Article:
Wednesday, May 13, 2015

New Marks Are Made

Back into the pages of Leaves (1855) recently and once again I’m taken by the space Whitman attempts to carve out.  He asserts a priority of the “demonstrable” over the “mythical”, claiming that “mark[s]” are made “out of any times!” 

Could be today.  Could be in a garage, basement, or “upper room”.  Could be over a diner [sic] table.  Could be through the slog of devoted work -- or the luck of happenstance when x variables coincide at a given time and place.

Could be just about anywhere, anytime, or not, but often when people head in the direction of narrative or myth, compelling as it is, they can miss the material and spatial.  There is a literalism or minimalist documentary orientation that can slip from mere archiving into a sublime.

That’s part of what Whitman’s up to as he makes lists of observations of life in America.  The empirical slides into the liturgical, not of yesteryear but of What’s Happening Now.  As he puts it, it’s not “as if…what has transpired…in North and South America were less than the small theater of the antique or the aimless sleepwalking of the middle ages!”

When Whitman talks about “America” or “Americans”, he’s talking about a new way of being human that isn’t limited to a particular geography, ethnicity, or government (though it may be in or from the Americas that it emanates) – because he talks about a certain way people tend to be here:

“Their deathless attachment to freedom…their self-esteem and wonderful sympathy…the air they have of persons who never knew how it felt to stand in the presence of superiors” – where the President takes his hat off to the people and “not they to him”…and “these…are unrhymed poetry”.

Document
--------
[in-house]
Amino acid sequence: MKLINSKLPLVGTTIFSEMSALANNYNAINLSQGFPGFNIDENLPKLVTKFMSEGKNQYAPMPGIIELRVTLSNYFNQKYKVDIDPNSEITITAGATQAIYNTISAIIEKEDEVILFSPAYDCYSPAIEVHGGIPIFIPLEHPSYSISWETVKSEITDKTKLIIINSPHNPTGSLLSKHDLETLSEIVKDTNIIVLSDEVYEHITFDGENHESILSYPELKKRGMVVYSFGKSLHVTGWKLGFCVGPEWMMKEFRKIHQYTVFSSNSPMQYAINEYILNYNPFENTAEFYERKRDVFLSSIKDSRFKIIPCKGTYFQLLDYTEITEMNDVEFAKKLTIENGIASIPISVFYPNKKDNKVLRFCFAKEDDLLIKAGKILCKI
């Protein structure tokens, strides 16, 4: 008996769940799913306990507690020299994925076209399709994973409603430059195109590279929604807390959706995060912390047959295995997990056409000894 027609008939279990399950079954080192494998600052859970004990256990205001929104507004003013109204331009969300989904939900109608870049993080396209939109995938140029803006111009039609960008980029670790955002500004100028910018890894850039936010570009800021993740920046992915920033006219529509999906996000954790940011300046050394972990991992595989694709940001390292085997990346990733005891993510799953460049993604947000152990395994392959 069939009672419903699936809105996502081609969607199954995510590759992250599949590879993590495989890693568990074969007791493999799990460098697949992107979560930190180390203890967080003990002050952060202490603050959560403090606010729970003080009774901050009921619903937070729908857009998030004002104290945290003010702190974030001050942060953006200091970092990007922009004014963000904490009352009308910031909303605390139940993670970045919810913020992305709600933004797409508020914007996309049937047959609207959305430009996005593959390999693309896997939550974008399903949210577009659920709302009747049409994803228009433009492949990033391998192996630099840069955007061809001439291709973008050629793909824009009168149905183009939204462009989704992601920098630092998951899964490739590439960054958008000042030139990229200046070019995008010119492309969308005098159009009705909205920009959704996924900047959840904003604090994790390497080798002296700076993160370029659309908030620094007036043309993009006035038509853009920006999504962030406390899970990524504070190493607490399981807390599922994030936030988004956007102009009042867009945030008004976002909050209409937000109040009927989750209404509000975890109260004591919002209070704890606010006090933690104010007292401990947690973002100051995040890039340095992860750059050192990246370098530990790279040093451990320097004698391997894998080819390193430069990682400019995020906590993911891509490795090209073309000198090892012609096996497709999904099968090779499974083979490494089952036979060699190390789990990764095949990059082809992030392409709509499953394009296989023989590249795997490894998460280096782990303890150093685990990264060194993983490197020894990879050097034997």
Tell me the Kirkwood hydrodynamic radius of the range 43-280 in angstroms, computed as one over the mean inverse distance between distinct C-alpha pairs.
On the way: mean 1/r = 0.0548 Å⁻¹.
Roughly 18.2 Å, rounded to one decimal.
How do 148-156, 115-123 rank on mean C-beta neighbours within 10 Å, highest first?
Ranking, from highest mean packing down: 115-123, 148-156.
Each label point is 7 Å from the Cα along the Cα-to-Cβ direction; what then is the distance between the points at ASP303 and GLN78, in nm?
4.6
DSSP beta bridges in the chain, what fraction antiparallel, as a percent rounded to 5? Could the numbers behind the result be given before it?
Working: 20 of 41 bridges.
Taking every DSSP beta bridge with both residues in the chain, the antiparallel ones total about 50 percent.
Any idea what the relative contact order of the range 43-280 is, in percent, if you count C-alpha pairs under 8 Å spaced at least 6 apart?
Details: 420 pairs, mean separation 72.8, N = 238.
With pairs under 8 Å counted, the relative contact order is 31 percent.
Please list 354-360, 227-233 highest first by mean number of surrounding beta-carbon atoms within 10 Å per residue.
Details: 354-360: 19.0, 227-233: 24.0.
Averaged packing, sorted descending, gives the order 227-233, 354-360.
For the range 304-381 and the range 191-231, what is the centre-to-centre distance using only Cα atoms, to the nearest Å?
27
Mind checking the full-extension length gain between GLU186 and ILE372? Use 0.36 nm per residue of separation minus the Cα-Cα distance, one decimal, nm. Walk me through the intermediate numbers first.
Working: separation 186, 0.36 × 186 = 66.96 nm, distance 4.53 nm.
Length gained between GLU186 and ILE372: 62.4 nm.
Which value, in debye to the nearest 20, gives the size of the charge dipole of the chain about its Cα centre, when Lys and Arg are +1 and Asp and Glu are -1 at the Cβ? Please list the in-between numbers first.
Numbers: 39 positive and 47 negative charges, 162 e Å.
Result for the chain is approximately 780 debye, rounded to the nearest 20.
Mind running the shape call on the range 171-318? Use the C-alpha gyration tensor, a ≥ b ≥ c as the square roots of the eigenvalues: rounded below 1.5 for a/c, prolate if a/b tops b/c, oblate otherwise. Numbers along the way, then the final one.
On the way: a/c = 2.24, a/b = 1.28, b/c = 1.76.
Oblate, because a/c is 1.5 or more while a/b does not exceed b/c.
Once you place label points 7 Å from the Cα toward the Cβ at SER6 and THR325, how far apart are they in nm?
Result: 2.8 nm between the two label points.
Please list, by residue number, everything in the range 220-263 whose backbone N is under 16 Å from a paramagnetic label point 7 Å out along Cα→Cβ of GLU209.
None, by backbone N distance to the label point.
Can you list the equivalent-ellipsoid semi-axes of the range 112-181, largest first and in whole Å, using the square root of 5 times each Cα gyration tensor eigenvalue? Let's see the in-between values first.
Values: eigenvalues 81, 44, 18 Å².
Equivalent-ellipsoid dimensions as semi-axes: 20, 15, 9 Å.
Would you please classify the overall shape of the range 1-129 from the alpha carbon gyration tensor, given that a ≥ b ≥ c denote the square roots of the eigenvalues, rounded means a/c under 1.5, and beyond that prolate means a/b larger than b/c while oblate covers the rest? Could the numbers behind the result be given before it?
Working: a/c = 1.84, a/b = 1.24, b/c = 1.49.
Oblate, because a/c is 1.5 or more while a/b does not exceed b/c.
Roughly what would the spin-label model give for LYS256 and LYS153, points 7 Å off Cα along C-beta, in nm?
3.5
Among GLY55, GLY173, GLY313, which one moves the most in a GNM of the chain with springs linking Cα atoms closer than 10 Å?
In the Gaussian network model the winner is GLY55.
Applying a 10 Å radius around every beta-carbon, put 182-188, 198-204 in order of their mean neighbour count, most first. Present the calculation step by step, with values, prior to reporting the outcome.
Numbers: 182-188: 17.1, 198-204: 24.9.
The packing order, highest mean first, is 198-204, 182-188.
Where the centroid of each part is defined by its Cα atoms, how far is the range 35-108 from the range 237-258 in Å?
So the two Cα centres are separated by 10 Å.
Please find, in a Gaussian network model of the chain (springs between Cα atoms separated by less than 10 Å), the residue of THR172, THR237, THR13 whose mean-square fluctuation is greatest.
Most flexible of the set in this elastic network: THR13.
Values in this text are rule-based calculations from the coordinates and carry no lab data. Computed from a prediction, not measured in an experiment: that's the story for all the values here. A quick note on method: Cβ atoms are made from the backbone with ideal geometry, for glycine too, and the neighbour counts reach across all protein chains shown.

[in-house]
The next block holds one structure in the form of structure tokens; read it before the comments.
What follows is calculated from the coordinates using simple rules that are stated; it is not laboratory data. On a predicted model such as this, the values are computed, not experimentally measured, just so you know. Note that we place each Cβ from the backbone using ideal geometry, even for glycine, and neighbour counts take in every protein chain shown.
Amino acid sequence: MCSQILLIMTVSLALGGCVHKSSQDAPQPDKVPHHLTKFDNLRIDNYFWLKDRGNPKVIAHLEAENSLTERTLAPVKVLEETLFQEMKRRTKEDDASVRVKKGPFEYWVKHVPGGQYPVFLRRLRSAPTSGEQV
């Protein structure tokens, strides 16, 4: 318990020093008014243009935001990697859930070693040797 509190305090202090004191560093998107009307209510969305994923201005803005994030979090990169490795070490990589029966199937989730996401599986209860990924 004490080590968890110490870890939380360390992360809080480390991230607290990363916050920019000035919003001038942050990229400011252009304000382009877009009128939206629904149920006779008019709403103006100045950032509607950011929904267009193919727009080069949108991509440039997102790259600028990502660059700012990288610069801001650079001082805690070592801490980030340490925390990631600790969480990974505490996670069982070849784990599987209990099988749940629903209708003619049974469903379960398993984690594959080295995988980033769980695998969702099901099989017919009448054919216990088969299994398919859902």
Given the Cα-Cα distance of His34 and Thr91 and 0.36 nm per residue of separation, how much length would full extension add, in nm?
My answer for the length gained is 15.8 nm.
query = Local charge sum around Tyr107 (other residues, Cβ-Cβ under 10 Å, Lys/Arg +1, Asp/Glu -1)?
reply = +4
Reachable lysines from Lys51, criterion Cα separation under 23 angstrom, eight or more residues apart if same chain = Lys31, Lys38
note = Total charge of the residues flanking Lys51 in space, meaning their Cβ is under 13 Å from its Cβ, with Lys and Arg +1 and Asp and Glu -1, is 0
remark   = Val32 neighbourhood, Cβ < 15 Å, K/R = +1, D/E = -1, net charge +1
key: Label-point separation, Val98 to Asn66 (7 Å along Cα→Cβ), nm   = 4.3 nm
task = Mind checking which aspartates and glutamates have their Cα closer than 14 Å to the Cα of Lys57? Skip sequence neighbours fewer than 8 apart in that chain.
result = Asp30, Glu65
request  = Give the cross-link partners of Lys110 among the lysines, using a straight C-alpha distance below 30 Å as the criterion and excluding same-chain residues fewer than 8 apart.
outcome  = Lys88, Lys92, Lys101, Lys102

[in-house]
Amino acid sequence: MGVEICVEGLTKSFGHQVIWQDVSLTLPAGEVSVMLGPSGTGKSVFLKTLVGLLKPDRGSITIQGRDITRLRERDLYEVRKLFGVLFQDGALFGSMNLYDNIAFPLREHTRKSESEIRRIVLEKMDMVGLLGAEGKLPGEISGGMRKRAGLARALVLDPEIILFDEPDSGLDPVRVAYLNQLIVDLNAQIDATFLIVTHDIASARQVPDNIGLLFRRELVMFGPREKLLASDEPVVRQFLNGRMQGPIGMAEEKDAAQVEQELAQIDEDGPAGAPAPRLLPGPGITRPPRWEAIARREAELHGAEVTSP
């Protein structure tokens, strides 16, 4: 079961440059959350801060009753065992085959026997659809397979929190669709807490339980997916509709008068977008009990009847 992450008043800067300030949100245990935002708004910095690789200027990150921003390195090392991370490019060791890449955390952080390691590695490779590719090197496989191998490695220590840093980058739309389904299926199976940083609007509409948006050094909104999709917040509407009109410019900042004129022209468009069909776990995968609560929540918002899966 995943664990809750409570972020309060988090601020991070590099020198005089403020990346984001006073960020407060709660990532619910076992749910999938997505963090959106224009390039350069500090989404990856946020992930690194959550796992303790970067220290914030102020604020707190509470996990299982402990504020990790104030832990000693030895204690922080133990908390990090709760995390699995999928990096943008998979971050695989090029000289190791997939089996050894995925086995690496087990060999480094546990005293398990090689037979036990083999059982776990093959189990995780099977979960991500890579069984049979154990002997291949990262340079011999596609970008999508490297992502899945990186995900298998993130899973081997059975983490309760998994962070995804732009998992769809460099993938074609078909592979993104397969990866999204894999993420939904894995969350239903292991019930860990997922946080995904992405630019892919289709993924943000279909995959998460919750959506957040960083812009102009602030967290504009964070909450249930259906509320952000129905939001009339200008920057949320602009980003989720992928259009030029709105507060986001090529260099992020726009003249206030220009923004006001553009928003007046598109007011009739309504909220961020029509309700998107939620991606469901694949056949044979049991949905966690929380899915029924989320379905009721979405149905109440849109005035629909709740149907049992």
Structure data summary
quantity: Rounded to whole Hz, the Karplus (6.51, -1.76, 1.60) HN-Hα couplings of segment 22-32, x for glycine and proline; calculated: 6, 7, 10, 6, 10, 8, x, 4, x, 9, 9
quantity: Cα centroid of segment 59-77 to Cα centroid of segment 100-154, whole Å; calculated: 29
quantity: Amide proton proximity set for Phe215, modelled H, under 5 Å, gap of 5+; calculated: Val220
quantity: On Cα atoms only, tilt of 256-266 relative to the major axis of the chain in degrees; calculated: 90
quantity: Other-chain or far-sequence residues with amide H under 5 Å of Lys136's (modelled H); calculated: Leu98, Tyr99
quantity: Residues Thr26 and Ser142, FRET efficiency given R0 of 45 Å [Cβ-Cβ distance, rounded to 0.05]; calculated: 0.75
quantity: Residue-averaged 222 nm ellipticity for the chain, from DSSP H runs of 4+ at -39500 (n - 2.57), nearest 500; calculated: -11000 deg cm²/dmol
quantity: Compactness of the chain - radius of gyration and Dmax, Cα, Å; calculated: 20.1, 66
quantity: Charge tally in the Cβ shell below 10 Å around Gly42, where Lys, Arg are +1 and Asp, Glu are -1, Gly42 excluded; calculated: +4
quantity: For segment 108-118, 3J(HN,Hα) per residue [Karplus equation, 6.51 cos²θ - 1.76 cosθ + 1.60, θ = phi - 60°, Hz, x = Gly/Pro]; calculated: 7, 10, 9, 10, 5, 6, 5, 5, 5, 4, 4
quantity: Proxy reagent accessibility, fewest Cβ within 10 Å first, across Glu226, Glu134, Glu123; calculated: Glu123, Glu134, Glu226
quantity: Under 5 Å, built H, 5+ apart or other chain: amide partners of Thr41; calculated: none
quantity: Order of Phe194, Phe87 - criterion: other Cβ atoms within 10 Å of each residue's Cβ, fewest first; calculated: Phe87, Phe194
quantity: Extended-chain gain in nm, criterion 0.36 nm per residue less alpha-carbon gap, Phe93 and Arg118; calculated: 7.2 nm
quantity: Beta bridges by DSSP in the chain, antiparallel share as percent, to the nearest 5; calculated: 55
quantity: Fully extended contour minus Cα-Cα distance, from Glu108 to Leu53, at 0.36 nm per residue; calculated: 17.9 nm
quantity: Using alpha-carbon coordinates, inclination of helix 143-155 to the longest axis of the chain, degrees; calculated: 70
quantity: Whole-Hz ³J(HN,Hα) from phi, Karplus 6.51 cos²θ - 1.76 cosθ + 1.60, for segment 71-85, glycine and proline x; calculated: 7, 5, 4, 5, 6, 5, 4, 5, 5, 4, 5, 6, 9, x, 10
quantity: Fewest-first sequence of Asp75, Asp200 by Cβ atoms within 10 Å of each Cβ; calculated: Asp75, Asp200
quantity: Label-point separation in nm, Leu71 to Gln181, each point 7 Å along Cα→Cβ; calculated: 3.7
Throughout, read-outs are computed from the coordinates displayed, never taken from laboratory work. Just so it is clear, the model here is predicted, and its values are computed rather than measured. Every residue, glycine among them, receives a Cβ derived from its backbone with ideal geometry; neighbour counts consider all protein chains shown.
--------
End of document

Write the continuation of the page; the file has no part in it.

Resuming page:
Wittingly or not he’s making a case for what makes America not only rooted in the Enlightenment and Romanticism but also in ways of life that existed on these continents prior to Columbus (see Charles Mann’s 1491). 

I think of an ecstatic energy, Whitman’s “roughs”, the “nonchalance”, and “the tremendous audacity” that still somehow works hand in hand with “wonderful sympathy”.  It’s like Iggy Pop meets Carl Rogers’ “unconditional positive regard”. 

Now after what people call America has been in full force culturally for many years, it can start to sound like a blast from the 19th century past when he exclaims that we need not constantly turn “east” for our inspiration:  “As if it were necessary to trot back generation after generation to the eastern records!” 

Though now if you go east from Europe toward the Americas, you end up at the Pacific Rim and back around again to Africa and the Fertile Crescent.  Then again as people from all around the world come and go, new marks are made.


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